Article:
Wild about rose hips in Serbia – newly certified ingredients on sale!
Serbia - August 2017. This year has seen Plantamell – a family-owned herbal products business – successfully bring FairWild certified rose hip products to the market; the first such initiative in Serbia.
Plantamell was established over 10 years ago, and is based in Svrljig in the hilly south-east of the country. With a staff of 8 people, it purchases over 100 different wild plants and herbs from a collection area spanning over 500 km2 in total.
The main economy of Svrljig was formed and still revolves around the collection and processing of medicinal and aromatic plant material. The region has always been sparsely populated, and over the last 20 years has seen further rural-urban emigration. This has lead to many socio-economic challenges for the local population, but has made the area very suitable for organic and sustainable agriculture, due to the lack of intensive industry and pollution.
Plantamell works with a network of local collectors, drawing on their extensive knowledge and providing seasonal work that allows them to supplement their income.
Their involvement in FairWild came about through collaboration with a number of industry partners, namely Nateva, Neal’s Yard Remedies and the Organic Herb Trading Company.
To pilot FairWild certification, Plantamell has initially focused on rose hips – in response to the demand for rose seed oil, a high value product that is currently in short supply globally.
The target species is dog rose, Rosa canina, which grows in high density throughout the abandoned countryside. Plantamell’s team carry out the preliminary processing, separating the seeds from the shell to prepare them for oil extraction. The rose hip shells are then cut and dried, ready for export for use in fruit teas and other products.
Ljubiša Savić, Plantamell’s Manager, said “Our company has aimed to follow ecological practices from the very beginning, and also to be fair and just with regard to the social situation of everyone involved.”
“Our collectors undergo training twice a year, including when and where plants can be collected, and the most appropriate ways to collect the different plant parts.”
The project has required a lot of commitment and collaboration from all involved to successfully gain the Year 1 FairWild certificate, and bring the products to market.
Walter de Boeck, from NATEVA, commented “One of the challenges we faced in partnering with Plantamell was that there was a high demand for rose seed oil, but initially no buyer for the rose hip shells – which Plantamell also need to sell in order to be profitable and avoid wasting the resources. To solve this, we brokered a trade relationship with Organic Herb Trading Company (OHTC), U.K., who were keen to add the hips to their growing portfolio of FairWild products.”
FairWild certification requires a resource assessment to be carried out, to estimate the maximum sustainable yield that can be taken from the collection area. The scheme will also see Plantamell work with their collection teams to identify potential uses of the FairWild premium fund, to which the industry buyers will contribute.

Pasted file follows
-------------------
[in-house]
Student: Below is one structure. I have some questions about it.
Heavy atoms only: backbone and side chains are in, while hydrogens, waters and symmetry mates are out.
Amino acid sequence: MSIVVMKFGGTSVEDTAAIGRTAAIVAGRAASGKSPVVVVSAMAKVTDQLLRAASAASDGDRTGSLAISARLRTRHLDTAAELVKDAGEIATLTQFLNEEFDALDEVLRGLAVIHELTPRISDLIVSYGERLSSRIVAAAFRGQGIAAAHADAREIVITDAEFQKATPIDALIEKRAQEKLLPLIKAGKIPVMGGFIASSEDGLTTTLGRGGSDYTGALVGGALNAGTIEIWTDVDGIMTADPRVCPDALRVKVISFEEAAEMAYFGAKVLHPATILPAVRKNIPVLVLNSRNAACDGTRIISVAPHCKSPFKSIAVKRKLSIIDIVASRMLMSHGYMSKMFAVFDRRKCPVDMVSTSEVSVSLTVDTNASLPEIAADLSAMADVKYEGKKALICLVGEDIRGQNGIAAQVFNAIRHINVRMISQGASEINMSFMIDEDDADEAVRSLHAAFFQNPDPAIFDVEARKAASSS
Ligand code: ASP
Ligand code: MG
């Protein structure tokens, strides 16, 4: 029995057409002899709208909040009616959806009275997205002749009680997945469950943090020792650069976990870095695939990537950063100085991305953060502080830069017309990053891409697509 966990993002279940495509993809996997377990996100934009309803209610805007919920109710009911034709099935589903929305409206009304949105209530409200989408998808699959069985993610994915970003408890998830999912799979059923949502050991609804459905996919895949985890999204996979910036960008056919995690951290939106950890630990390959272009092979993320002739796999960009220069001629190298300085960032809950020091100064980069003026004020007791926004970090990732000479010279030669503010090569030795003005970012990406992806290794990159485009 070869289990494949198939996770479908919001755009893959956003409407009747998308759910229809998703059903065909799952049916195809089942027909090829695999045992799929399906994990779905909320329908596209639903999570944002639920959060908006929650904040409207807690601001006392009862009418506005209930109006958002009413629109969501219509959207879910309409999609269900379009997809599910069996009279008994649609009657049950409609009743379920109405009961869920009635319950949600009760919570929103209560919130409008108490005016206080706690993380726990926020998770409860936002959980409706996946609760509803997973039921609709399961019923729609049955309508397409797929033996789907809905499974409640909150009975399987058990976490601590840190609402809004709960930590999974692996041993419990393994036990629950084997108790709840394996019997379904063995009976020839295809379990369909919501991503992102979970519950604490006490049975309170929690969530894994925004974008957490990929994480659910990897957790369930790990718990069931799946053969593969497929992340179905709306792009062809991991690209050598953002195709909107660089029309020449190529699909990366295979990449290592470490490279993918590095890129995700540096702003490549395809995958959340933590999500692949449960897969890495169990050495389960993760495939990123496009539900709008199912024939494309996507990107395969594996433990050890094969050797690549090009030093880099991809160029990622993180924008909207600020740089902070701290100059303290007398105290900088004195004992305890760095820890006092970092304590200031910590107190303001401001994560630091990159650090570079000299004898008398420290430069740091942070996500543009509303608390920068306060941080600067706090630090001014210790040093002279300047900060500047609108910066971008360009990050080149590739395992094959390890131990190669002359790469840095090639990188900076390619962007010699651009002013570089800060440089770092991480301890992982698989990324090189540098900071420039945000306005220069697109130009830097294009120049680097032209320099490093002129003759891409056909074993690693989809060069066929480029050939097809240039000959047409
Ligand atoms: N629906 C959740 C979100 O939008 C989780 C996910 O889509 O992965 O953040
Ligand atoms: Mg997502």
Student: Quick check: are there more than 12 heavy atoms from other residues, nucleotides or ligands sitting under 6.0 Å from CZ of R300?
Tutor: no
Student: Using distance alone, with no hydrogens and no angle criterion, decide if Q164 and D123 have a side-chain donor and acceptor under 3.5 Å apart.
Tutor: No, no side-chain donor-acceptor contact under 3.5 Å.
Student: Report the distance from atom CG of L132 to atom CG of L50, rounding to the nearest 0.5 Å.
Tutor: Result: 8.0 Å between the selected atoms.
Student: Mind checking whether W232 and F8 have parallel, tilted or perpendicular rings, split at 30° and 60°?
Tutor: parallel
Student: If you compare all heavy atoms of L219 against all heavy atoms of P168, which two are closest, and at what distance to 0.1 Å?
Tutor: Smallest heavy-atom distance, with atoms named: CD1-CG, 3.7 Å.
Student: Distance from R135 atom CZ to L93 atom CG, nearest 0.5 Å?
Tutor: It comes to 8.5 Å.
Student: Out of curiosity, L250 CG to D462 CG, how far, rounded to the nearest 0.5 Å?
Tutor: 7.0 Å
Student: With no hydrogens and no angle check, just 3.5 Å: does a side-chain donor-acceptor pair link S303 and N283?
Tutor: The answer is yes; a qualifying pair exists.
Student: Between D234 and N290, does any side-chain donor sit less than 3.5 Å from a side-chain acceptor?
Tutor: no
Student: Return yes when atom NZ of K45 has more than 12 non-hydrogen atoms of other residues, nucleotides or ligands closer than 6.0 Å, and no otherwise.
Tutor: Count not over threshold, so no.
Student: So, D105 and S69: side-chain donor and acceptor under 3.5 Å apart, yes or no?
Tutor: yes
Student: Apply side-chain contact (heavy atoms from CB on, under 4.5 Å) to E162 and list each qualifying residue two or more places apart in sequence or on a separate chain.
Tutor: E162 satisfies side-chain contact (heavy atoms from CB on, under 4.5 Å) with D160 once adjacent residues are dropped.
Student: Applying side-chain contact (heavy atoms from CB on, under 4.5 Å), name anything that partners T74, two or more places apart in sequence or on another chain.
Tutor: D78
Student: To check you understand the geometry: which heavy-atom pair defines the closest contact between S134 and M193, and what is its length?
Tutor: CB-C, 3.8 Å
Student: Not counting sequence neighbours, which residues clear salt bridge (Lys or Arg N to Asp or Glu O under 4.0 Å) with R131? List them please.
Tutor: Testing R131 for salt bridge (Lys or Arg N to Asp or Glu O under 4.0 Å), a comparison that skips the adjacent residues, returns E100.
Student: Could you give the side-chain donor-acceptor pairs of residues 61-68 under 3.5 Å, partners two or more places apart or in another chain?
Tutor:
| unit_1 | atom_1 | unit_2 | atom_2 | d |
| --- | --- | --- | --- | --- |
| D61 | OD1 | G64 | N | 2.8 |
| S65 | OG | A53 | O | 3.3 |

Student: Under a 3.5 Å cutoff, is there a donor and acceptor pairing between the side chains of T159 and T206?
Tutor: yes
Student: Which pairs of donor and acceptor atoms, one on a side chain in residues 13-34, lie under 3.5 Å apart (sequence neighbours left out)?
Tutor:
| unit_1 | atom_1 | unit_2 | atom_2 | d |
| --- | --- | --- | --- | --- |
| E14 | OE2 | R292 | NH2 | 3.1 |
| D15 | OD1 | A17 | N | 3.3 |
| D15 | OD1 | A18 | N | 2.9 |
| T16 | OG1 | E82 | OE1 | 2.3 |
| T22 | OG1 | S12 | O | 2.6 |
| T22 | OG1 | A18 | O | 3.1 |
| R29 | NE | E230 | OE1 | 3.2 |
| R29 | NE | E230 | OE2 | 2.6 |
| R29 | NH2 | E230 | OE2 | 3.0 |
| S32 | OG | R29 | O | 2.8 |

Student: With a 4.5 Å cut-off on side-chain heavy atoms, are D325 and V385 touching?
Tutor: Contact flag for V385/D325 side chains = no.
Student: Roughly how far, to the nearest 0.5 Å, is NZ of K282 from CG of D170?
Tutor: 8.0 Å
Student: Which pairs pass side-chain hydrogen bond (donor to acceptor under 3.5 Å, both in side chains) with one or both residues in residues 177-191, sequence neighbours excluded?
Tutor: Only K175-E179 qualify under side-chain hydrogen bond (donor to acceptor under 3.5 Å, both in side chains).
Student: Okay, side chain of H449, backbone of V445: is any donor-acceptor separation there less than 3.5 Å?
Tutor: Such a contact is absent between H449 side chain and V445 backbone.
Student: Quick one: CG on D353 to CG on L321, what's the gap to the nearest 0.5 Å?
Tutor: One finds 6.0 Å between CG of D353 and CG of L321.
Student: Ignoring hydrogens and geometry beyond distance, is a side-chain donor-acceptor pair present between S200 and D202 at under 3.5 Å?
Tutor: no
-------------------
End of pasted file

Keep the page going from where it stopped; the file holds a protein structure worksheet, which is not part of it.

Mr Savić said, “There are already some ideas being put forward, such as playground equipment and investments into education and health. This could be a real boost to the local community, which has really suffered from the loss of young people moving to the cities.”
The rose hip harvesting itself can be quite a profitable enterprise. For 2016, Plantamell calculated that on average, the collectors would earn twice the minimum wage for a day’s work. On a very successful day, a collector might harvest up to 50 kg of rose hips, giving an income of four times the minimum wage.
Savić said, “Rose hip collection is actually very popular with the people that harvest for us. The collectors are free in a way that no-one is in the city. They work as hard as they wish, and for as long as the day and weather allow it. Of course, they need to avoid the thorns!”
It is hoped that the FairWild rose hip project will be just the start of a new adventure for Plantamell, who are also working to adopt the sustainable wild harvesting practices for the many other species they harvest. You can read more about their story in the words of project supply chain partner Peter Rangus, on OHTC’s website.
Eileen Clark, Supply Chain Project Manager at OHTC, said, “When we learned about the opportunity to support a new FairWild project in Serbia, we were thrilled to get involved. The products are high quality and suitable for a variety of purposes, such as fruit tea, equine health products, and even exfoliant scrubs! We hope we will be successful in finding long term buyers who will support Plantamell and their community of wild harvesters.”
In the future, Plantamell may also be able to exchange their experience with other companies in the region. The new LENA project aims to link livelihoods and economic development with nature conservation in the Danube region, and includes activities on sustainable use of wild plants in Serbia, Bulgaria, Slovenia and Hungary. The three year project will help to develop a network of wild plant stakeholders in this important sourcing region.
For more information and to make enquiries about the FairWild-certified rose hip products currently on sale, please contact OHTC on firstname.lastname@example.org. Plantamell can also be contacted on email@example.com.
Learn more about the ecology and traditional uses of Rosa canina on the WhyGoWild website